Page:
Roman bath house and Hadrian's Wall excavations open

03 November 2015


(L-R) Councillor Eddie Darke, archaeologist Nick Hodgson, museum manager Geoff Woodward and Mayor of North Tyneside Norma Redfearn.

The first phase of new developments at Segedunum Roman Fort in North Tyneside – including the preservation and interpretation of the rediscovered Roman bath house foundations, the conservation and display of a further 50m of Hadrian’s Wall are now open to visitors.

Other improvements include direct access to the Hadrian’s Wall National Trail from the museum, a viewing platform for the bath house foundations (which are several feet deep), a picnic area and landscaping to the site.

The work has been funded by a £500,000 grant from government as part of a ‘six point long term economic plan’ for the North East, part of the Northern Powerhouse initiative.

Iain Watson, Director of Tyne & Wear Archives & Museums said:

“This is fantastic news not just for our visitors, but the region and the overall understanding of Hadrian’s Wall. To be able to incorporate the original bath house into the museum site, and preserve even more of the Wall itself, is incredible."

The developments will significantly increase the visitor offer and the size of the historical site, 15 years after Segedunum Roman Fort, Baths & Museum opened in June 2000 and there is more to come with plans for a sculpture of a Roman soldier to mark the start / end of the Hadrian's Wall trail.

Elected Mayor of North Tyneside Norma Redfearn said:

“I am delighted to hear about the exciting developments at Segedunum Roman Fort. Not only is it great news for the museum and its visitors, but it’s also great news for the people of Wallsend. There is a lot of work underway, some of which is already complete, to regenerate and reinvigorate Wallsend, and I know this work to improve a local museum will also be very well-received.”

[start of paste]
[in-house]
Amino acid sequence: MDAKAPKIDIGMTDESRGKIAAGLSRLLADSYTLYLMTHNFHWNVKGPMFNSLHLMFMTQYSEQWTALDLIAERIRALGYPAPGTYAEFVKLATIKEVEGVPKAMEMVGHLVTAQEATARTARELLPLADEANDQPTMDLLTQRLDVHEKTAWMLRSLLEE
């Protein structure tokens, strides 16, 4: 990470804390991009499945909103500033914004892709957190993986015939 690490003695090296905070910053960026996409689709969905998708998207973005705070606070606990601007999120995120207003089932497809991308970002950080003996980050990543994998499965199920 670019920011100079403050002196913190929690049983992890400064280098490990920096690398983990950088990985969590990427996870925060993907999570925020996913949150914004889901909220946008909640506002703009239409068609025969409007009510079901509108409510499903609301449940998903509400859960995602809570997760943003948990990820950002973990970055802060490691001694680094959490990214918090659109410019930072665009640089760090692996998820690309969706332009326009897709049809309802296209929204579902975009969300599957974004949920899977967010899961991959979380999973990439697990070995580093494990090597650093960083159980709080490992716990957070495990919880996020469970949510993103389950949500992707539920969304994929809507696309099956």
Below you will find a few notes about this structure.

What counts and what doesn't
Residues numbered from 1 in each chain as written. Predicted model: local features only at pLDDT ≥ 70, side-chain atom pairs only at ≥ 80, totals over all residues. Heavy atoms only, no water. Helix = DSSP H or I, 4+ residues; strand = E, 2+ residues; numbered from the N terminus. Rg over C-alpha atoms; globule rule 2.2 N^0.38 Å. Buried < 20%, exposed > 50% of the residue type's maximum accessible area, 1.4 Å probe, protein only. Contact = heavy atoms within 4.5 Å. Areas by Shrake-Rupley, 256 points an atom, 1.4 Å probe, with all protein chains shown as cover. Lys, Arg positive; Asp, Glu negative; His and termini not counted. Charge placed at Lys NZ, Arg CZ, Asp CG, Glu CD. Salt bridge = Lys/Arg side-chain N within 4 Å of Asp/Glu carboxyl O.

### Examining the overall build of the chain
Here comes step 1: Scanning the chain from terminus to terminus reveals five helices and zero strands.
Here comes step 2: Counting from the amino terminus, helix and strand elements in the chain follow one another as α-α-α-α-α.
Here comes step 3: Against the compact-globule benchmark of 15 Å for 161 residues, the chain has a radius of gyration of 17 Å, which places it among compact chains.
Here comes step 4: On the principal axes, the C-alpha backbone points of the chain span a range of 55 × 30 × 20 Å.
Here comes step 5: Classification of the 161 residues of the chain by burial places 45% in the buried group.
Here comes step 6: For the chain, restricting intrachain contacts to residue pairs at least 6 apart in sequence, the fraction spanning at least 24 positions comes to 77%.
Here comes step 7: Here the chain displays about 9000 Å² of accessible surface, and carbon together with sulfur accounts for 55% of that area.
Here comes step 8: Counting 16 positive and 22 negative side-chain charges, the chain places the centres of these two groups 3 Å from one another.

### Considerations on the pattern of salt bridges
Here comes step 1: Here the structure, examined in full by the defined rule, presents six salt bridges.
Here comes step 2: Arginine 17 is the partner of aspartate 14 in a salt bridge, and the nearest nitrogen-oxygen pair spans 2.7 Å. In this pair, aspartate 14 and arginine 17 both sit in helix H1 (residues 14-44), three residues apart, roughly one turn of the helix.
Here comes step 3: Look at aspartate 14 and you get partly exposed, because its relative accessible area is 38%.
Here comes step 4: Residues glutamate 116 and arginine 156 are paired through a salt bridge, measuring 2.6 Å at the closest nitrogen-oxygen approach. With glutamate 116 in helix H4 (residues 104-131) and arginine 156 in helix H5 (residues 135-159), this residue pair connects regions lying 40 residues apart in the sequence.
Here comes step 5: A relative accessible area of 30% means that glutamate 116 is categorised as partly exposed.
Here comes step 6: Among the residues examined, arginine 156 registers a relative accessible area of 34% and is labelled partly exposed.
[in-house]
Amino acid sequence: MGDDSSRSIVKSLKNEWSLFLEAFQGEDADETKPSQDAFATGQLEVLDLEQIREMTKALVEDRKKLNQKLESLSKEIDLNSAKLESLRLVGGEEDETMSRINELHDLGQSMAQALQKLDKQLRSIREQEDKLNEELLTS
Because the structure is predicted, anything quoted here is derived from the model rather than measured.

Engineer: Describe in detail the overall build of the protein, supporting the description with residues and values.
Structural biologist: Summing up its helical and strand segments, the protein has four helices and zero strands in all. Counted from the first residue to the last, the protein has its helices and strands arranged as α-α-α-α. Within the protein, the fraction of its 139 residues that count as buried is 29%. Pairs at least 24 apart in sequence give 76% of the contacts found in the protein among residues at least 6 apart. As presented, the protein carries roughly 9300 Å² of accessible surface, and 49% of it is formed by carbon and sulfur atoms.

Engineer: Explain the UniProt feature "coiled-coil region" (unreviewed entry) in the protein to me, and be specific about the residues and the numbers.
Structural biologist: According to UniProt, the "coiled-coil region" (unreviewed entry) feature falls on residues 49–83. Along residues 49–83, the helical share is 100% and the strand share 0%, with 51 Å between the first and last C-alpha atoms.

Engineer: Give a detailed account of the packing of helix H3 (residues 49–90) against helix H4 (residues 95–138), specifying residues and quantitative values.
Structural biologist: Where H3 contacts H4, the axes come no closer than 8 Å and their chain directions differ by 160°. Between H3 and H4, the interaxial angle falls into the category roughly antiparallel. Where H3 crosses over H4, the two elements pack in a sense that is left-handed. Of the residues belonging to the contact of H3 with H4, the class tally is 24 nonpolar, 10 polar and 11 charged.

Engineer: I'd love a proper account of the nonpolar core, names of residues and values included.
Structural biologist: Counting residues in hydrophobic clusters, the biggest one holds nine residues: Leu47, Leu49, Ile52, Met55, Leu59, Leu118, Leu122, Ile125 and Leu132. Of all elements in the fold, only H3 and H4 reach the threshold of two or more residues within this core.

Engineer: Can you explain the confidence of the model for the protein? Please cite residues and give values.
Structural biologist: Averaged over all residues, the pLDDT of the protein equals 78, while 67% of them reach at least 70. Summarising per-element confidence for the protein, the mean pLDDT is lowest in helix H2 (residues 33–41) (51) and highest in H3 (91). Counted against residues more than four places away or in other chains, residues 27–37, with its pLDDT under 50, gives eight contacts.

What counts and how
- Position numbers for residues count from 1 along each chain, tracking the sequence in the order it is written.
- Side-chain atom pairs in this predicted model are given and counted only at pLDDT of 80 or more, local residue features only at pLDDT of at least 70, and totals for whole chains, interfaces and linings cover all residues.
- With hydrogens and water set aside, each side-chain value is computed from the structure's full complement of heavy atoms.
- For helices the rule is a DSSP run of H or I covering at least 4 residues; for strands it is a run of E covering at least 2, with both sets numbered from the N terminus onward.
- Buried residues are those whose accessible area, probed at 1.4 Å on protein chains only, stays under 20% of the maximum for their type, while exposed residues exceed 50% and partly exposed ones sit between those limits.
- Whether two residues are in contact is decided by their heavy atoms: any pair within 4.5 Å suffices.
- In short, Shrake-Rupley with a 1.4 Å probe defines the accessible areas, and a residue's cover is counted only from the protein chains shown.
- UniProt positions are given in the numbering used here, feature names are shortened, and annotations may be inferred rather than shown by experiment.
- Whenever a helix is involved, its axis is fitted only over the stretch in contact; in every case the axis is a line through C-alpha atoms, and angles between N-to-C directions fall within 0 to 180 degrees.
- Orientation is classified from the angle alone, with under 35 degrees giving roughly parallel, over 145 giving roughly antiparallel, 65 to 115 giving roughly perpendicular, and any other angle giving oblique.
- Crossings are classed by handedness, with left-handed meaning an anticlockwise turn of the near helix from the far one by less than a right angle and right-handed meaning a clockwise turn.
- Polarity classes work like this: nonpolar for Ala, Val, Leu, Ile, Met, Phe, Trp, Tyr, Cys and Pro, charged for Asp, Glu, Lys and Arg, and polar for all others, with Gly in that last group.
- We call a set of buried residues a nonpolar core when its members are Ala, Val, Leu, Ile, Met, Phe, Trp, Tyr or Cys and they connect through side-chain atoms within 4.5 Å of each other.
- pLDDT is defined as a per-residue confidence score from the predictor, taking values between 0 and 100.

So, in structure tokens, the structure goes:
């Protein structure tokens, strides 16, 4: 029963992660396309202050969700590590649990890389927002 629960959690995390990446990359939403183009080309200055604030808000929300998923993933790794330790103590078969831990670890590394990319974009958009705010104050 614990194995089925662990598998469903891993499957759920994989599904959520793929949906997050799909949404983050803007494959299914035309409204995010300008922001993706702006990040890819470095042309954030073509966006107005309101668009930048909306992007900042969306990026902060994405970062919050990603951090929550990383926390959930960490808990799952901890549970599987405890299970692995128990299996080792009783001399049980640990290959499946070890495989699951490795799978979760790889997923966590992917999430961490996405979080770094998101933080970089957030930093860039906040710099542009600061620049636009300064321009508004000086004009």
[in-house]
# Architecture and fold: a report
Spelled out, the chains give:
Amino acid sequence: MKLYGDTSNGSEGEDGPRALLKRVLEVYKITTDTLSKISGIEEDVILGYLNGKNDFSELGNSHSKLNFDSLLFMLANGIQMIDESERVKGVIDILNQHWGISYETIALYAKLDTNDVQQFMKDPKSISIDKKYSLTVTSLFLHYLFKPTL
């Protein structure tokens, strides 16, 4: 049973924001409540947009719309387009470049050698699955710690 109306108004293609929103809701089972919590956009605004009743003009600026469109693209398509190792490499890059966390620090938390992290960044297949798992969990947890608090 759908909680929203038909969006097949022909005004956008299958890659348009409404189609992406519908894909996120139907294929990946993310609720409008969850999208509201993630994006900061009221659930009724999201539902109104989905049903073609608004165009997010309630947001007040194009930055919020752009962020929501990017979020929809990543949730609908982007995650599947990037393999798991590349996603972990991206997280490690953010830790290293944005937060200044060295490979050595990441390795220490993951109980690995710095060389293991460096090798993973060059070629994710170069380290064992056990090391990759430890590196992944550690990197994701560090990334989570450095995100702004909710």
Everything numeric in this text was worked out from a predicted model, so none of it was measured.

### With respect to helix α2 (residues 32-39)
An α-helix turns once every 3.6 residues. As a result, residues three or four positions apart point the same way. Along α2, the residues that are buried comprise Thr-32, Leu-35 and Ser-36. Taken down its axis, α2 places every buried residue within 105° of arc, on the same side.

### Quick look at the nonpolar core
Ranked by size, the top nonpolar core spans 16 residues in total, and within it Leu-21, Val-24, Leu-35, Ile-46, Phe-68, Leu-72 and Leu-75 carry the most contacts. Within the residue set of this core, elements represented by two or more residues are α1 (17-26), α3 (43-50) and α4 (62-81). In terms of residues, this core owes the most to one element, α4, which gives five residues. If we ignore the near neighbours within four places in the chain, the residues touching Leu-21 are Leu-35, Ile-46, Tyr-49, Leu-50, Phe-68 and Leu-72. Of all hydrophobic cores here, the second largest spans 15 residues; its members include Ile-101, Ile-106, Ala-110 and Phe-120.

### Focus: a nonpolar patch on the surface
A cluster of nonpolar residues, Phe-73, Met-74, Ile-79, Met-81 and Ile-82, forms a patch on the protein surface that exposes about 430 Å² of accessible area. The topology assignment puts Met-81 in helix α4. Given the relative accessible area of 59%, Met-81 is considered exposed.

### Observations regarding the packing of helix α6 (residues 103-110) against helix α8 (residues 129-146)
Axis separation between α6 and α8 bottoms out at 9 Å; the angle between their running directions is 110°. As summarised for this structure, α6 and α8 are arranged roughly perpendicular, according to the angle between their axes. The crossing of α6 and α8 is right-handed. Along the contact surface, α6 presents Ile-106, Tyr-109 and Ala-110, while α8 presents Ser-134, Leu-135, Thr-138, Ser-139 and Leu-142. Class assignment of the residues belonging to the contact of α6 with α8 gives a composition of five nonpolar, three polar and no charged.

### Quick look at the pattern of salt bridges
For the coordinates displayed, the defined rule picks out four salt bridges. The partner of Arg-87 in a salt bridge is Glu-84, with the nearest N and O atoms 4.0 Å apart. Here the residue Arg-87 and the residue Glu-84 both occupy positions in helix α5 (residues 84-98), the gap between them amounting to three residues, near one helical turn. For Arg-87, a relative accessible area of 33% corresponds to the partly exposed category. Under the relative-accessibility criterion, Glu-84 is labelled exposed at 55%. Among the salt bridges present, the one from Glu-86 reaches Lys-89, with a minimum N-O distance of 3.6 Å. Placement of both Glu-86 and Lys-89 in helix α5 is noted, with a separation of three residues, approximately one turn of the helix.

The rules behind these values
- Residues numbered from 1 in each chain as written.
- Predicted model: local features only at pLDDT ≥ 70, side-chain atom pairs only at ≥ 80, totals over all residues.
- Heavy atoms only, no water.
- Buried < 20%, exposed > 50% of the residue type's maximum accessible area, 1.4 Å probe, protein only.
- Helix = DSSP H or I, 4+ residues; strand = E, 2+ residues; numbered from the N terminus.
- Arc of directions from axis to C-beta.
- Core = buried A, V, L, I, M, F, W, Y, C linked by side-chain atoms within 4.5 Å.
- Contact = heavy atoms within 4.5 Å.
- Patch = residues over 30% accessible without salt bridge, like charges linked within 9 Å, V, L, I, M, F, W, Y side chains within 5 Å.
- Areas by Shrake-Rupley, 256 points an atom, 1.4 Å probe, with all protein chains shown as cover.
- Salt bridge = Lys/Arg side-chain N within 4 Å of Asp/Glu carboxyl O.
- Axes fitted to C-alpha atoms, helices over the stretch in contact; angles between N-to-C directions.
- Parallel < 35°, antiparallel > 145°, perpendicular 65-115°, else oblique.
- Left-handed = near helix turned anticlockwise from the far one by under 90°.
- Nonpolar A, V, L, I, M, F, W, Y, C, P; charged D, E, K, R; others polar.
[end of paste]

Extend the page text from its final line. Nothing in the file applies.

Councillor Eddie Darke, Cabinet Member for Leisure, Culture and Tourism at North Tyneside Council, said:

“Segedunum Roman Fort is a much-loved museum, which welcomes visitors from around the world, and this latest work is sure to attract more people to the site.

“The project to incorporate the bath house and even more Hadrian’s Wall is fantastic, and it will help visitors to have a better insight into the history of Roman life in the borough.”

The excavation of the original Segedunum bath house was undertaken by the WallQuest community archaeology project, and has been the first sizable excavation of a bath house on Hadrian’s Wall since the 19th century.

Nick Hodgson, WallQuest project leader and archaeologist at Tyne & Wear Archives & Museums said:

“The excavation and research of the WallQuest project at Segedunum lends several additions to current knowledge of the Wall. Evidence of Roman maintenance and structural adaptations spanning 100 years proves the upkeep of the both the bath house and the Wall. We’ll be able to share this new information with visitors through the new interpretation as part of the new developments.”

On 23 April 2016 the Hadrian’s Wall on Tyneside exhibition opened at the museum examining the Segedunum section of Hadrian’s Wall and the wider story of the Wall in urban Tyneside, featuring the discoveries and archaeological finds of the WallQuest project.

Already the most excavated site on Hadrian’s Wall, Segedunum features a reconstruction of a Roman bath house, a recreated stretch of Hadrian’s Wall and features an iconic 35m viewing tower with spectacular views across the site, river and city.

The foundations of Segedunum and existing 20m of Hadrian’s Wall have already provided archaeologists with the most authentic evidence of the monument, with the new information adding to this body of knowledge.

Previous significant discoveries at Segedunum have included conclusive proof that Roman cavalry shared accommodation blocks with their horses, as this question had stumped archaeologists for more than 100 years.

Excavations at Segedunum provided increased knowledge of the Roman army providing a great leap forward in the current understanding of the internal layouts of auxiliary forts.